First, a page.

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Misconfiguration and Data Breaches

According to Gartner, by 2020, 95% of cloud security issues will be the result of misconfiguration or mistakes. A single misconfiguration can expose hundreds or thousands of systems or highly sensitive data to the public internet.

What may be described as a "data breach" is more often a cloud storage bucket containing sensitive data that is accidentally exposed to the internet. Many high profile breaches have raised interest in CSPM.

Here are a few examples of data breaches due to cloud misconfigurations.     

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540M

Facebook member records exposed by an unsecured AWS S3 bucket

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1.8M

Voter records exposed in an AWS S3 configuration blunder in Chicago

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AWS S3

Server leaks data from Fortune 100 companies: Ford, Netflix, and Capital One

Why Do Misconfigurations Occur?

Misconfigurations are made possible by at least four factors:

  1. The cloud is inherently programmable.
    Cloud infrastructure is driven by cloud applications and APIs, which enable developers to scale up and spin down large amounts of infrastructure via code. As easy as it is to make infrastructure changes, it is also just as easy to introduce misconfigurations.
  2. The cloud has enabled a “sprawl” of new services and technologies.
    When concepts such as microservices are combined with new technologies such as containers, Kubernetes, and serverless Lambda functions, there are many more resources to manage than just traditional servers, networks, and databases.
  3. The cloud features fundamentally new technologies that are quite different than what are found in physical data center environments.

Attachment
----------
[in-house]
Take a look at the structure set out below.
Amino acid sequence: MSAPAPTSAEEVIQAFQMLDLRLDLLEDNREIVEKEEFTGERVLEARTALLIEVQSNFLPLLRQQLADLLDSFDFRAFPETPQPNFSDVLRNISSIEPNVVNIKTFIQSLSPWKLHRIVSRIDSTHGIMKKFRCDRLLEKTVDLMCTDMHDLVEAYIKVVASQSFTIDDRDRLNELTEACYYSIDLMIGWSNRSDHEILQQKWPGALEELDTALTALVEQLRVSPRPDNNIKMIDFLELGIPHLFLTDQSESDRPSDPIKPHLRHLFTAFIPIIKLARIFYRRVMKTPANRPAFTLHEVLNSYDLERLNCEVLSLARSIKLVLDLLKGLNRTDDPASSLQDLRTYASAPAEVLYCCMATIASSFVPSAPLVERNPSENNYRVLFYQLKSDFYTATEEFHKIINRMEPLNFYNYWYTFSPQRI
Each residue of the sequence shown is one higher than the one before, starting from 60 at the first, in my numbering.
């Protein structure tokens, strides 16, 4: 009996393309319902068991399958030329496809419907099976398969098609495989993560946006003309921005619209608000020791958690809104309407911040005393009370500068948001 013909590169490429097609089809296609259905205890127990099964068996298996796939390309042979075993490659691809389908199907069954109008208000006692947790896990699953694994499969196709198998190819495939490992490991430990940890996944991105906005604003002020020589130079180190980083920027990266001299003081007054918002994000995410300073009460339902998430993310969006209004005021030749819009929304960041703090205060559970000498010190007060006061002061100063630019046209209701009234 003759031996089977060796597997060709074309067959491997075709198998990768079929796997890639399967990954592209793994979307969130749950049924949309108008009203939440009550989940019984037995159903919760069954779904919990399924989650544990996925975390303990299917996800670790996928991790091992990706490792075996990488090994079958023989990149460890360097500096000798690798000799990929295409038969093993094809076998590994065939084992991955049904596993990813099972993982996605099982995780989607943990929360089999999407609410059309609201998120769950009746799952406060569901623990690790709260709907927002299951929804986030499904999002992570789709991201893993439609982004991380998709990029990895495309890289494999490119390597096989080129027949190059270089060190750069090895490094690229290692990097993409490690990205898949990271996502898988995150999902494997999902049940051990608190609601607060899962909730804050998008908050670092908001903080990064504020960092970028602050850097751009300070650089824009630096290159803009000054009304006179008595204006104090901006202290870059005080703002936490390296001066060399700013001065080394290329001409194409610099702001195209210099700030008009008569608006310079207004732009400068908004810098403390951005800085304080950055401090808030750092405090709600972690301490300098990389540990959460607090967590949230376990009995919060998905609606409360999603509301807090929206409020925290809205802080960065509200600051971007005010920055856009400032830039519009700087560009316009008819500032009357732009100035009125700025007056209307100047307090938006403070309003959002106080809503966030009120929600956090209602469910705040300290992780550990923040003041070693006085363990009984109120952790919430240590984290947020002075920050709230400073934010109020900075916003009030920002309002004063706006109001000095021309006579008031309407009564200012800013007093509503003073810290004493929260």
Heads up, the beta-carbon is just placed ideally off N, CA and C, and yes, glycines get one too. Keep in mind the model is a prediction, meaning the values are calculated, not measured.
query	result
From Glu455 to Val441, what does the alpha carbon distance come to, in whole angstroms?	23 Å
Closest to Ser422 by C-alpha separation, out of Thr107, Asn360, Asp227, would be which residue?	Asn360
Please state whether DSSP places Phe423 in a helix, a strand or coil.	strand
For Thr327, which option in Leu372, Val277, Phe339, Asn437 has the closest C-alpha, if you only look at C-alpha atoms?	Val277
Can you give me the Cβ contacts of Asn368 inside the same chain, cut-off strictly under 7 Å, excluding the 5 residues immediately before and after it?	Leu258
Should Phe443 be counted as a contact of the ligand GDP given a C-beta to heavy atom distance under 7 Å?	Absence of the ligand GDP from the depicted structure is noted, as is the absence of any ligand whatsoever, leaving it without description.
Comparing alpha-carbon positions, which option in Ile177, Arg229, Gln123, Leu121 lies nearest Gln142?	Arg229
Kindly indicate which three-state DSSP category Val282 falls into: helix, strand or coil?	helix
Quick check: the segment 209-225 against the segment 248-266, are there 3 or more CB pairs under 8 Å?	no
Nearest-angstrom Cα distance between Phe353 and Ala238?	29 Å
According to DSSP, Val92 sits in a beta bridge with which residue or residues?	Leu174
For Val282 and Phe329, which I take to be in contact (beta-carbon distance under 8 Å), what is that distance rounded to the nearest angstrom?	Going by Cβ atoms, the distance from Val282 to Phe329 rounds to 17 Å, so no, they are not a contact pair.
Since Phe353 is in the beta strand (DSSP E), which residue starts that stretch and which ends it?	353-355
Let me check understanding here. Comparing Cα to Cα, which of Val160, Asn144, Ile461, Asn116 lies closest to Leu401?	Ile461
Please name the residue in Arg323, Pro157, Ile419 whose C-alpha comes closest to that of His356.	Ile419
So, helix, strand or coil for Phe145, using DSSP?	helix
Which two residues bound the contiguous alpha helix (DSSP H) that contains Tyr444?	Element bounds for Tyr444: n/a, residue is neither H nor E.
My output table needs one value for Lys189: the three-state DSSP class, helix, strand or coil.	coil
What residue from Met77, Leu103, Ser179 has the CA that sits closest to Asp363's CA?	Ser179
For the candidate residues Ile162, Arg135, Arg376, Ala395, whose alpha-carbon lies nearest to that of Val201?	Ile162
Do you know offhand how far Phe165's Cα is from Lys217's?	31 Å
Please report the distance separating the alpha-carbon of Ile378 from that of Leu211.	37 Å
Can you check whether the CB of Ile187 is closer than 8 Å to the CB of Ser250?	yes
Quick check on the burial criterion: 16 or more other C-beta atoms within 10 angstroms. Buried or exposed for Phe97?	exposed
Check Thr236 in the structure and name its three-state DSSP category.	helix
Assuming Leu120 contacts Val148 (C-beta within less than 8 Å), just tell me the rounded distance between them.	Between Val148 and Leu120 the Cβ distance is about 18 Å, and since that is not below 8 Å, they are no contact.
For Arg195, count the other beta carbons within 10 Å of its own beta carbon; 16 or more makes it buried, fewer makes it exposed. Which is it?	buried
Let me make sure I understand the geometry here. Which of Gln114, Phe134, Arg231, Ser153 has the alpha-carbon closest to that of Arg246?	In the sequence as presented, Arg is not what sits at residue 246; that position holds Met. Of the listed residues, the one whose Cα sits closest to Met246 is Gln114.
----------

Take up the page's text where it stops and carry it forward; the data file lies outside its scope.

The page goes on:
For example, IAM permissions enable users to access resources in an account regardless of network segmentation. IAM therefore can facilitate a new type of lateral movement that cannot be detected with traditional security tools. As organizations look to increase their cloud footprint, they are realizing that their IT staff may be lacking cloud security expertise.
  4. The size and complexity of enterprise environments make it incredibly difficult to know what is running where.
    Typical public cloud infrastructure can contain thousands or tens of thousands of resources, regions, and accounts. It can be very easy for a developer to create the wrong resource, be too liberal with permissions, or lose track of where critical cloud assets are stored.

All of these factors are compounded by the lack of visibility into the cloud. Many enterprises have no idea what type and how many cloud resources are running and how they are configured. As a result, serious misconfigurations often go undetected for days, weeks, or even longer, and taking the appropriate measures to secure cloud services and applications can be a challenge.  A majority of successful attacks on cloud services are due to misconfigurations, and CSPM can help to mitigate these risks.

The Shared Responsibility Model

Security is a shared responsibility between the cloud provider, such as Amazon Web Services (AWS)  and Microsoft Azure, and the customer. In this 'shared responsibility model," the cloud vendor is responsible for “security of the cloud,” which includes all the infrastructure that runs cloud services. While the major cloud providers go to great lengths to secure the infrastructure of their environment, it is up to the customer to secure their use of the cloud services. The customer is responsible for “security in the cloud".